New 5 Megawatt Solar Project at Sunset Reservoir
(December 11, 2008)
New Contract with Recurrent Energy Would Bring State's Largest Solar Photovoltaic and Nation's Largest Municipal Solar Project to San Francisco's Biggest Reservoir by 2010
Today Mayor Gavin Newsom praised the San Francisco Public Utilities Commission (SFPUC) for approving a new contract with Recurrent Energy to generate five megawatts (MW) of solar power atop the recently seismically-retrofitted Sunset Reservoir. The project, which is expected to be completed and generating solar power for the City in 2010, will be California's largest solar photovoltaic system and the nation's largest municipal solar project. The project will also increase total municipal solar generation in San Francisco by more than 300%, from the current 2 MW to a total of 7 MW of solar power.
"This is an exciting day for San Francisco and a major step for solar energy in California," said Mayor Newsom. "With this one large project on top of our largest City reservoir, we're going to more than triple the amount of energy we generate from the sun and set a new standard for solar power in California."
"We applaud the forward-thinking approach of the City, the Mayor, and the SFPUC in making this landmark project possible," said Recurrent Energy's CEO, Arno Harris. "We're proud to play a part in San Francisco's path to a clean energy future by building clean, onsite solar power plants exactly where they're needed most."
The photovoltaic system and the solar energy it will generate will be developed and operated under a "Power Purchase Agreement" between the SFPUC and Recurrent Energy. San Francisco-based Recurrent Energy is a distributed power company and a leading provider of onsite solar energy. Under the contract, Recurrent will finance, design, build and operate the solar energy projects and provide all the energy generated to the SFPUC for a period of 25 years. The solar panels will be manufactured and supplied by Suntech Corporation.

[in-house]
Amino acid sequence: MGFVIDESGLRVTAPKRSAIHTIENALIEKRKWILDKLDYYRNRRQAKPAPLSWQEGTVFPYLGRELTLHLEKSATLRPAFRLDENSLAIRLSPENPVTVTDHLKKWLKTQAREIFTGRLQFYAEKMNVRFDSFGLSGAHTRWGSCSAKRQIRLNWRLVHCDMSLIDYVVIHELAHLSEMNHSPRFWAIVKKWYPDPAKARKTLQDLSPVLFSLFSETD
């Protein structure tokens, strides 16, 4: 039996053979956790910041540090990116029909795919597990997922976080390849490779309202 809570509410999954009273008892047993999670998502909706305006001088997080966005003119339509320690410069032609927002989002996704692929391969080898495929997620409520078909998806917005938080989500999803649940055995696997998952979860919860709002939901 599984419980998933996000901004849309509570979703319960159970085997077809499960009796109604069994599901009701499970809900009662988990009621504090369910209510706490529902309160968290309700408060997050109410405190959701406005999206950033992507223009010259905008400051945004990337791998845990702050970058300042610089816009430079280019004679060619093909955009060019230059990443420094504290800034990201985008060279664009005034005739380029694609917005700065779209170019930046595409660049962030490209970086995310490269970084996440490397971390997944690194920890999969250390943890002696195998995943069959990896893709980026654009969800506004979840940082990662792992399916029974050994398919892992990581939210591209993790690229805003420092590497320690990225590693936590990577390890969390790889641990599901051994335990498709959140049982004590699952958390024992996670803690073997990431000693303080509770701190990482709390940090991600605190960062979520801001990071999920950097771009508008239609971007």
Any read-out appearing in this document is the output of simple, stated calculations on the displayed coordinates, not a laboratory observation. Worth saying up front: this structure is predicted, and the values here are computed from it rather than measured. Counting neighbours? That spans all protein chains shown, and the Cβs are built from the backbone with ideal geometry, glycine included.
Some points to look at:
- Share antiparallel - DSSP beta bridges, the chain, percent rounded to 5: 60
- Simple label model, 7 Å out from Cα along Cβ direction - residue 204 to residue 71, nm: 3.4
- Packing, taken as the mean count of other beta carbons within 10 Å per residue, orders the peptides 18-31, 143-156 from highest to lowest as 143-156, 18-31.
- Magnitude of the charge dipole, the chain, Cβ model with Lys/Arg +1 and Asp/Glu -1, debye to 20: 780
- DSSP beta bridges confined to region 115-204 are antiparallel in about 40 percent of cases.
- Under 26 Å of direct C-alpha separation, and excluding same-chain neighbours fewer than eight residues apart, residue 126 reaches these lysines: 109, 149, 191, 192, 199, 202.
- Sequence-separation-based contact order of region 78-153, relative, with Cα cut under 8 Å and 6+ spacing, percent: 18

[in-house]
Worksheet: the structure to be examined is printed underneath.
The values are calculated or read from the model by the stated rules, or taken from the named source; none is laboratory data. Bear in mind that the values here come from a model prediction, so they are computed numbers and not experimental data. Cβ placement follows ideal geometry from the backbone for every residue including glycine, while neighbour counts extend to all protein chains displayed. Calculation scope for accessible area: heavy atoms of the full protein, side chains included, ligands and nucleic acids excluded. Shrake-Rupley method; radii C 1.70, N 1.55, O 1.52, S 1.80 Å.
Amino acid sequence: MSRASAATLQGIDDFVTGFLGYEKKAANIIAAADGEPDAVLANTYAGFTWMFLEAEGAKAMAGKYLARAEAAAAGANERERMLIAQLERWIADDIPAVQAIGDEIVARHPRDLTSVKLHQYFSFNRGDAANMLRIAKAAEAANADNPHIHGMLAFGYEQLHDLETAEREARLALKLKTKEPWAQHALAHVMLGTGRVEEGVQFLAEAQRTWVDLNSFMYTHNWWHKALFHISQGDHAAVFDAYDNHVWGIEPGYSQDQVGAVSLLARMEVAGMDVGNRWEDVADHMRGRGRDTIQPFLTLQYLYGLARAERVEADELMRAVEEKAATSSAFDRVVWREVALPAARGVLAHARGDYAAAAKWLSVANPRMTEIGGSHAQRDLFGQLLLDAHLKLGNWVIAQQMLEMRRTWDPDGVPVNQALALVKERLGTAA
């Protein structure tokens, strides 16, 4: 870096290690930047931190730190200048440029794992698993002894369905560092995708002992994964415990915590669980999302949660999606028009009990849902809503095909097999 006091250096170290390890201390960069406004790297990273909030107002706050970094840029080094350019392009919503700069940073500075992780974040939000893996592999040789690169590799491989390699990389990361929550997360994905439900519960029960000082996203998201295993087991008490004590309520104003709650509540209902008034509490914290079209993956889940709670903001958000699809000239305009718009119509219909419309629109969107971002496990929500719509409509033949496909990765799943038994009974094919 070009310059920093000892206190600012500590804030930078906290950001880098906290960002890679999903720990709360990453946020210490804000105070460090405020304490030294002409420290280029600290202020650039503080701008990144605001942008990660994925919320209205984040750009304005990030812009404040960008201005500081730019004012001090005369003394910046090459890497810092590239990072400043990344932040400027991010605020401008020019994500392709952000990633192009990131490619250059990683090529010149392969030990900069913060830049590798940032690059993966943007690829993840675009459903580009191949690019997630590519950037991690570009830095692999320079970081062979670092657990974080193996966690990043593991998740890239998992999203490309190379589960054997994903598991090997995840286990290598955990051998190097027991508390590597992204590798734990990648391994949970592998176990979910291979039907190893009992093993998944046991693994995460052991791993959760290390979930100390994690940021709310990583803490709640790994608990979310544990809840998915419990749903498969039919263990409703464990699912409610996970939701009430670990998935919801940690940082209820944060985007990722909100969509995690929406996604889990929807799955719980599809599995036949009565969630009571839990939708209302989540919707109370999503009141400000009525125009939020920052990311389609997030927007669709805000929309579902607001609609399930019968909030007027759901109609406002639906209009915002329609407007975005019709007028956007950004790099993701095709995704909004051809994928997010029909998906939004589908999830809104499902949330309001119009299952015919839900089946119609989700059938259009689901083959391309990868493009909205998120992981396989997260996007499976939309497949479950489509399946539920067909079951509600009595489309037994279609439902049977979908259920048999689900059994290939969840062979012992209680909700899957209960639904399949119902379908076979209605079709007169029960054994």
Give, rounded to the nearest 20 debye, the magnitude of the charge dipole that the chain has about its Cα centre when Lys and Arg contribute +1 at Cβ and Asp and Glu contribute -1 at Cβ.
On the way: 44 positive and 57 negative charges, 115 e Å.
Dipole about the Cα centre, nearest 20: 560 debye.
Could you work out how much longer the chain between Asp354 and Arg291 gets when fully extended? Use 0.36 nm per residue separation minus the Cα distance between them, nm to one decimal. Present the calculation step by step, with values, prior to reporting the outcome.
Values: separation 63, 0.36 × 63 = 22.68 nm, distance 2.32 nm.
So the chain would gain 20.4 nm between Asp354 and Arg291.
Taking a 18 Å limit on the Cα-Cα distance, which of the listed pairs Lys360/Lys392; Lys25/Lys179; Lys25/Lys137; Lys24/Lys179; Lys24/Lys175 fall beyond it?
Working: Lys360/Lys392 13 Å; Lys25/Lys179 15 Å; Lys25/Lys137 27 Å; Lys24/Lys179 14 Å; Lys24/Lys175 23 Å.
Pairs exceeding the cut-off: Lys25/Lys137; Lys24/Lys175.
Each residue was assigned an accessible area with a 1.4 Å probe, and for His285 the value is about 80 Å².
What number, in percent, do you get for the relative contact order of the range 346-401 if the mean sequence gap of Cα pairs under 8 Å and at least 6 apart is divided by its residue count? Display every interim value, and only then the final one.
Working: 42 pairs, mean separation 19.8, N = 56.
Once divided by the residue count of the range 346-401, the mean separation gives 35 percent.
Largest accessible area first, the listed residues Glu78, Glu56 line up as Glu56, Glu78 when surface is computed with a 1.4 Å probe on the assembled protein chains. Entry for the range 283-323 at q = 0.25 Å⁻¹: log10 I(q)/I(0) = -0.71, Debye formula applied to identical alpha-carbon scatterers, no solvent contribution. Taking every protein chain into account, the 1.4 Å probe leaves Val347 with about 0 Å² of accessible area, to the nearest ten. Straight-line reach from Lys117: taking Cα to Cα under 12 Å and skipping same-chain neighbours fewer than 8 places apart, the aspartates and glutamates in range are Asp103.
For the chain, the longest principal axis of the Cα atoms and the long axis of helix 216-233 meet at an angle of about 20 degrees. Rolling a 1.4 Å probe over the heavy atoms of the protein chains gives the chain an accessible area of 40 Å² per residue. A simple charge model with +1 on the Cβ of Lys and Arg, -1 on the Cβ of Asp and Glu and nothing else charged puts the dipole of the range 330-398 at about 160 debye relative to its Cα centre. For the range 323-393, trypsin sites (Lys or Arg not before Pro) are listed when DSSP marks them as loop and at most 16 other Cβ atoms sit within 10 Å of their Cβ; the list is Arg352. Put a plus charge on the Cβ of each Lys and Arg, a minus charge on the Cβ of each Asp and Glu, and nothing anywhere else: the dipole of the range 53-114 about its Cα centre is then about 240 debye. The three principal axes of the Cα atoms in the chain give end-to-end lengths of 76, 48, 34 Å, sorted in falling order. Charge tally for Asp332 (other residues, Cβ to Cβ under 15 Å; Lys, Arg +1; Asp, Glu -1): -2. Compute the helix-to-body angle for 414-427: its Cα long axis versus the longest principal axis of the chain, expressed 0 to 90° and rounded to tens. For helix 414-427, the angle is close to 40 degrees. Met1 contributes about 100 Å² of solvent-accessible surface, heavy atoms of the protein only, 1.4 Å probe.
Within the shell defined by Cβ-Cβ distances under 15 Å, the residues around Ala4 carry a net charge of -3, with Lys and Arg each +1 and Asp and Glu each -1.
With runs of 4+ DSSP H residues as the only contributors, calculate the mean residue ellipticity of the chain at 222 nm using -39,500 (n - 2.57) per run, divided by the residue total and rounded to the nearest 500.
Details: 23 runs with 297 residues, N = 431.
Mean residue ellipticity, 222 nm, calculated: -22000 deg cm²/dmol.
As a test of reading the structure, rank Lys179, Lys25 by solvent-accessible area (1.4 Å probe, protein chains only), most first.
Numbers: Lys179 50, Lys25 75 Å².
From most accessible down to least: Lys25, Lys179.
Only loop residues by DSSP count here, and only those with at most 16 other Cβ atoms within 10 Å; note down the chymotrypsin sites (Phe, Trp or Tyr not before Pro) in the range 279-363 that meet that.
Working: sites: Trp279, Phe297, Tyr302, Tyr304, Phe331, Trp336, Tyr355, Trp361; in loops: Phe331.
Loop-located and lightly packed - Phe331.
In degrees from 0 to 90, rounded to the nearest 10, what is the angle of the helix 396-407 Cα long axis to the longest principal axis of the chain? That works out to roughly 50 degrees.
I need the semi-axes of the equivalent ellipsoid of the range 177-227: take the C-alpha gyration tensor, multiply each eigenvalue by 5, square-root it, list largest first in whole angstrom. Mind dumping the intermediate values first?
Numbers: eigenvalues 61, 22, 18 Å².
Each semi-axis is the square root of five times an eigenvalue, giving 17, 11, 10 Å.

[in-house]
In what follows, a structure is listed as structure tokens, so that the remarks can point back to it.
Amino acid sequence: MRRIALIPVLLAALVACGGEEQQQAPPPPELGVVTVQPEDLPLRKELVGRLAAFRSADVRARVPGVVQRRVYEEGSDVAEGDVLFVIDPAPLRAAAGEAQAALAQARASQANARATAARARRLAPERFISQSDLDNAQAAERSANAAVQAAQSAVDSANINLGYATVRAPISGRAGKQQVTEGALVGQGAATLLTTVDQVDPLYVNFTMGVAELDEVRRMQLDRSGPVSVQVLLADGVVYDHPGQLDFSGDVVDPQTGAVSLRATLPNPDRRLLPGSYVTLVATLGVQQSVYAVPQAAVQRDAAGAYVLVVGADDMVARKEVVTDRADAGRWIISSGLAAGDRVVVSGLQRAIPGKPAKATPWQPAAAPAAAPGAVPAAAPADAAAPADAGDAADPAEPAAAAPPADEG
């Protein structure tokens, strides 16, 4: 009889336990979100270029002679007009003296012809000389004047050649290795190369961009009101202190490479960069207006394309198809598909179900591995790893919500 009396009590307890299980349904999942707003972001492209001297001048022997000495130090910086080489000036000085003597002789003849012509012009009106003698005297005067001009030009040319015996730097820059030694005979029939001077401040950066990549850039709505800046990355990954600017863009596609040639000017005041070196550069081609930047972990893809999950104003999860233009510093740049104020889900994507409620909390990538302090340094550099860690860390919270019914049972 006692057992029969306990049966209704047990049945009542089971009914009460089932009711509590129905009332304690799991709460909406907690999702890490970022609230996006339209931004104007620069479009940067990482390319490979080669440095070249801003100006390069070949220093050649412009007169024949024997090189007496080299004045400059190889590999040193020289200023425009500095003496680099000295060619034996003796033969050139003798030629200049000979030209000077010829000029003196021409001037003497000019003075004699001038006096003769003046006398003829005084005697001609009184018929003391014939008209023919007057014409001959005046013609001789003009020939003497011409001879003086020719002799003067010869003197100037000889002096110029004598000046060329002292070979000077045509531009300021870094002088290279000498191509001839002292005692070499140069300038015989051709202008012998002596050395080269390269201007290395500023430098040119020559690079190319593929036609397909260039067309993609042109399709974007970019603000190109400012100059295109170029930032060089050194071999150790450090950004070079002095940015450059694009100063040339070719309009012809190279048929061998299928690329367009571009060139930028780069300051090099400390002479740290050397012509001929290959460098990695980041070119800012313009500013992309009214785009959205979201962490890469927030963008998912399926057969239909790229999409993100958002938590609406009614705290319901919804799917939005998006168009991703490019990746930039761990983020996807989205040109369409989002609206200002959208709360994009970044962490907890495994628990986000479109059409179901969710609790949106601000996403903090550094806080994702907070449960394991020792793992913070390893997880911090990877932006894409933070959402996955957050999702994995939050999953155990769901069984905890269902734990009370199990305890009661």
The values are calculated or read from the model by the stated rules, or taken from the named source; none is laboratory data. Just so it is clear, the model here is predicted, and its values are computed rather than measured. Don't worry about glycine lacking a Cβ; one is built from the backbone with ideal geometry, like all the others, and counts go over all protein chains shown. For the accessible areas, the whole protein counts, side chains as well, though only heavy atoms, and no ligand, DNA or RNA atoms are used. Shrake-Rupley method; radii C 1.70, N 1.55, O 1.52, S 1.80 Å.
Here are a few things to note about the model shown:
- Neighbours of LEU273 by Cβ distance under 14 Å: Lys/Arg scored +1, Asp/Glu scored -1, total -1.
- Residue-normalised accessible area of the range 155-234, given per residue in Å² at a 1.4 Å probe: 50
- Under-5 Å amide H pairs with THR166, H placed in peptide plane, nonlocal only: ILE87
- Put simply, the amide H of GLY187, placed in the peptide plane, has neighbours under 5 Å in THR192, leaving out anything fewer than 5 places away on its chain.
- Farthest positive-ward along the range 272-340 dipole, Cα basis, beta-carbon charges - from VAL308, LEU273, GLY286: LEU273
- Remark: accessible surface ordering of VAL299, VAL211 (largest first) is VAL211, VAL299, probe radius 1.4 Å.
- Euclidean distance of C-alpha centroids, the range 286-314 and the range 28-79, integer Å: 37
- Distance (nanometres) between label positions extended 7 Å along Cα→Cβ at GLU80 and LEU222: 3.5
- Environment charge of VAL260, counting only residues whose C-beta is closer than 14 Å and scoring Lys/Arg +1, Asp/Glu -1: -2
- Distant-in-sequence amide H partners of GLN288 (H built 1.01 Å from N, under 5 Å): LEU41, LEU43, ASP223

The five megawatts generated will be used to help power other San Francisco public services and buildings, including streetlights, San Francisco General Hospital, Muni light rail and city schools. AB 2573, sponsored by now-State Senator Mark Leno and signed into law by Governor Schwarzenegger in 2007, enabled the installation of this large solar project on Sunset Reservoir by permitting the City to use power generated at this site for other municipal facilities.
Previously, city-owned solar projects like those at the Moscone Convention Center, San Francisco International Airport, the Southeast Wastewater Treatment Plant and others were developed through a more traditional approach, with the City contracting directly to design and build these projects while the City owns and operates
them. The "Power Purchase Agreement" approach will allow the SFPUC to develop more rapidly large-scale solar projects, take advantage of federal tax credits not directly available to municipalities, and generate solar energy at a more cost-effective rate. The contract must also be approved by the San Francisco Board of Supervisors.
"We've done a good job developing solar power in the City under more traditional City contracting methods," said SFPUC General Manager Ed Harrington. "But this innovative approach is an example of our efforts to dramatically accelerate and expand solar energy projects in the City on both municipal facilities like the Sunset Reservoir and on residential, commercial and nonprofit rooftops through our GoSolarSF solar energy incentive program."
According to national data provided by the U.S. EPA, the solar energy system is expected to reduce carbon emissions by more than 109,000 metric tons. This is equivalent to removing more than 850 automobiles from operation or preserving over 30 acres of forest from deforestation.